Qamar Abbas, Executive Director, Pakistan Advertisers Society, asserts a similar argument, “Clients and in certain cases, agencies fear to experiment, hence are not able to produce ground breaking communication. Obviously, it goes without saying that for experimentation, all the right ingredients like in-depth understanding of the industry, deep consumer insight, identifying the right challenge, setting clear objectives and working on every detail of the campaign are essential.”

So what is it that is contributing to a lack of creative drive? Qamar Abbas raises a few questions in answer. “Do professionals of our industry really yearn for learning? How much do we invest? Yes, internet tells us what is happening around the world, gives us access to all the great ideas and campaigns, but with this knowledge, have we developed real understanding?”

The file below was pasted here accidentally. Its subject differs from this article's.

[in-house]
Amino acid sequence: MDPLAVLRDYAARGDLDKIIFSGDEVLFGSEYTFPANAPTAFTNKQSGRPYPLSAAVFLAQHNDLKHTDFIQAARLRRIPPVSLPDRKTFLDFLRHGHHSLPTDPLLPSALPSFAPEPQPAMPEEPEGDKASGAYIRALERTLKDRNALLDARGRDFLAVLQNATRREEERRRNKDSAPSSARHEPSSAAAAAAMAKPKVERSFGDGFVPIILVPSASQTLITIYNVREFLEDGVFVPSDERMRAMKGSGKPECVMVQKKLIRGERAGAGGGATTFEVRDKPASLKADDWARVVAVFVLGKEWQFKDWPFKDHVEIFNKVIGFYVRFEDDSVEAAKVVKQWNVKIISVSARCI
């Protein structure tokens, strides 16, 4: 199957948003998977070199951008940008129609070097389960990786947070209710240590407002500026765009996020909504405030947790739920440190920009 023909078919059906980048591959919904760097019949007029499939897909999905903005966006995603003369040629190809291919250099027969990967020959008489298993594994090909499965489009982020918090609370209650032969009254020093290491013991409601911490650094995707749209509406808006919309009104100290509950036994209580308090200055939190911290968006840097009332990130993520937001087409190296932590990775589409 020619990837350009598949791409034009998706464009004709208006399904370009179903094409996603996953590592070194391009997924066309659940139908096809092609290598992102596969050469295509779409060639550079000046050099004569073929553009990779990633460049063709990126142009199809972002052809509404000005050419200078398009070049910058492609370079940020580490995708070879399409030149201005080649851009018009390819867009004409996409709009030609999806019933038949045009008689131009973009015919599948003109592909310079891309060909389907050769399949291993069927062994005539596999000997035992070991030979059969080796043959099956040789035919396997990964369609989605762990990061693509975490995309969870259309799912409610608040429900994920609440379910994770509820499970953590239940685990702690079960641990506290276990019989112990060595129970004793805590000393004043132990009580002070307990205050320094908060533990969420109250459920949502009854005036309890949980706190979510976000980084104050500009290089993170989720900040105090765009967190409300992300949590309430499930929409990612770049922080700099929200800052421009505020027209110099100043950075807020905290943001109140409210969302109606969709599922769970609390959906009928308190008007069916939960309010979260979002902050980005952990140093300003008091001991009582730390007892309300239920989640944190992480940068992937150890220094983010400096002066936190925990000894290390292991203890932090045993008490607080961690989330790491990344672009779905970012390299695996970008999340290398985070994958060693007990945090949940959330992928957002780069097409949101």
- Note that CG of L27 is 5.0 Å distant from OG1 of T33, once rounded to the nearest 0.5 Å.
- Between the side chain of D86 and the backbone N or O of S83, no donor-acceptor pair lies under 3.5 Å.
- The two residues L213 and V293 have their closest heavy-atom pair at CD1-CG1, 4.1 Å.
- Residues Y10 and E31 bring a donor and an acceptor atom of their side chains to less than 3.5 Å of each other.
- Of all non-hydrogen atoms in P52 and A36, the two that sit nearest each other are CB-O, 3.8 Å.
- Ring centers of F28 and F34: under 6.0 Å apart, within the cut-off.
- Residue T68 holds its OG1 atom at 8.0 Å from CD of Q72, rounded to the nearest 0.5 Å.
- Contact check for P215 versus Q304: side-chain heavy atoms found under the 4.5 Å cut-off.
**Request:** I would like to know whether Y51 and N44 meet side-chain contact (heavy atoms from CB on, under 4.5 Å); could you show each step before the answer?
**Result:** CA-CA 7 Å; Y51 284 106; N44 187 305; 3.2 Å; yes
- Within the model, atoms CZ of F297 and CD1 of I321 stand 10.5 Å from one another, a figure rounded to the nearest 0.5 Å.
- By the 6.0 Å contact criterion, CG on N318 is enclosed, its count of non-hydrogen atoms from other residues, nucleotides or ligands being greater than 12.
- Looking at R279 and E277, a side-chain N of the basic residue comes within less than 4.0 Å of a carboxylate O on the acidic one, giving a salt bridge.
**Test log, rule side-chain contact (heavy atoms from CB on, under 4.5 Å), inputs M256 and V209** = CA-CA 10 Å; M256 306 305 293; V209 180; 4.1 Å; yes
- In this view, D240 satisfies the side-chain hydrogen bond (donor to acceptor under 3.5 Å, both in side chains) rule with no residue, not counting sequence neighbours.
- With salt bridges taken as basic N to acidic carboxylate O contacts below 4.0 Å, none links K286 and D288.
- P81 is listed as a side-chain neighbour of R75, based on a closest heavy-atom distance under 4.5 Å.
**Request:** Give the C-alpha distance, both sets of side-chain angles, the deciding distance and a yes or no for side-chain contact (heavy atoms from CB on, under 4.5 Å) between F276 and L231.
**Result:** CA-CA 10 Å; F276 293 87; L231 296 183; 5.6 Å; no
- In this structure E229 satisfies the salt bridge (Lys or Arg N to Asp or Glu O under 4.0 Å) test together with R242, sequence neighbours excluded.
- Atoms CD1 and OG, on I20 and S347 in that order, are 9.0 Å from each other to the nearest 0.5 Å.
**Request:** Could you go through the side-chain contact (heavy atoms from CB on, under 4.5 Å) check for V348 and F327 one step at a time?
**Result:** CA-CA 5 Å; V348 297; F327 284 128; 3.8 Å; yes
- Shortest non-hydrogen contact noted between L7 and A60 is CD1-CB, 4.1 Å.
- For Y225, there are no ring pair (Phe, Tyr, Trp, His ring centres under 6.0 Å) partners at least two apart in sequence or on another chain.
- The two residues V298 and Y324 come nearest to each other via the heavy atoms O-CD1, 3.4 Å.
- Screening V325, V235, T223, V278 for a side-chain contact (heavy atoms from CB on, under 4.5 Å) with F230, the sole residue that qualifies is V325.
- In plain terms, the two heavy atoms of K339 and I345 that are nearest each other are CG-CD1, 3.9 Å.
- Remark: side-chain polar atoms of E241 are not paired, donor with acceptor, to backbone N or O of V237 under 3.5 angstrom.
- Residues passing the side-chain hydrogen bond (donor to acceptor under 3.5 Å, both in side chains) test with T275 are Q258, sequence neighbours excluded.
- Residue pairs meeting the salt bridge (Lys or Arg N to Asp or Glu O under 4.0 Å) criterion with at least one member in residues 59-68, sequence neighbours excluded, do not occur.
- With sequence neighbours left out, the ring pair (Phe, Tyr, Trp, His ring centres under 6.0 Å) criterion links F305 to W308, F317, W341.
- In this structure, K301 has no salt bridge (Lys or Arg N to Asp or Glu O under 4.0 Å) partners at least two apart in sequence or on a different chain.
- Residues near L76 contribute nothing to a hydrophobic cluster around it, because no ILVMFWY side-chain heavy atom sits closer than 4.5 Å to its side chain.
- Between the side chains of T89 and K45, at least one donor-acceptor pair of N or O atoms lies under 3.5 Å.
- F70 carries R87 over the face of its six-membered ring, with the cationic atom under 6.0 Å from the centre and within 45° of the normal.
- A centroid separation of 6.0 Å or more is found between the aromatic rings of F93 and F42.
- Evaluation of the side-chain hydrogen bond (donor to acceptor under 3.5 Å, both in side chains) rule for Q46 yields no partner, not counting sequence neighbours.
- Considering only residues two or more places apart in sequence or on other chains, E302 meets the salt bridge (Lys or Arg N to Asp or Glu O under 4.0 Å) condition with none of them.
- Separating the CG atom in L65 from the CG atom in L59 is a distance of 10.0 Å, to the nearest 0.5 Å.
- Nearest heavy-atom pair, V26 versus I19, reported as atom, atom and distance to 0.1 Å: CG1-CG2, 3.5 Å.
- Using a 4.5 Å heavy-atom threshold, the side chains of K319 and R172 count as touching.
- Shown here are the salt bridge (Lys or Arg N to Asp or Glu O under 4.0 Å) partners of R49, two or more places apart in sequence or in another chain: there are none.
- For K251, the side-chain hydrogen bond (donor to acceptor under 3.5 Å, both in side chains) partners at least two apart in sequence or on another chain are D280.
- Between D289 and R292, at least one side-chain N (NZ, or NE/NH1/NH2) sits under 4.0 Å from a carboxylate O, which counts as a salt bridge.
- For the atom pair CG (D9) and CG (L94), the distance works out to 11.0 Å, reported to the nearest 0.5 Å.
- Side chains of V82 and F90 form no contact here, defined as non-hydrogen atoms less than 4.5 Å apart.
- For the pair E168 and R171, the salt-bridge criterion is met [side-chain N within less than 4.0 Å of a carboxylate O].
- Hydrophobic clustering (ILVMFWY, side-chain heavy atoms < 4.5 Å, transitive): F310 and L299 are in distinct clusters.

Are social norms a problem, since as a society we are getting more and more cautious of inciting religious backlash? “Some local companies are wary of showing females in ads due to religious beliefs so it gives an added challenge to creatives. All brands trying to appear cool have to show ‘friendship’ between a boy and girl usually in a campus setting, which most beverage brands fall prey to. I feel Indian clients such as Fevicol, Amul Butter etc. are more daring in pushing the envelop and challenge their agencies to come up with unique ideas. In our case, we like to copy whatever is the flavor of the day and are risk averse to changes or new ideas”, opines Qashif Effendi.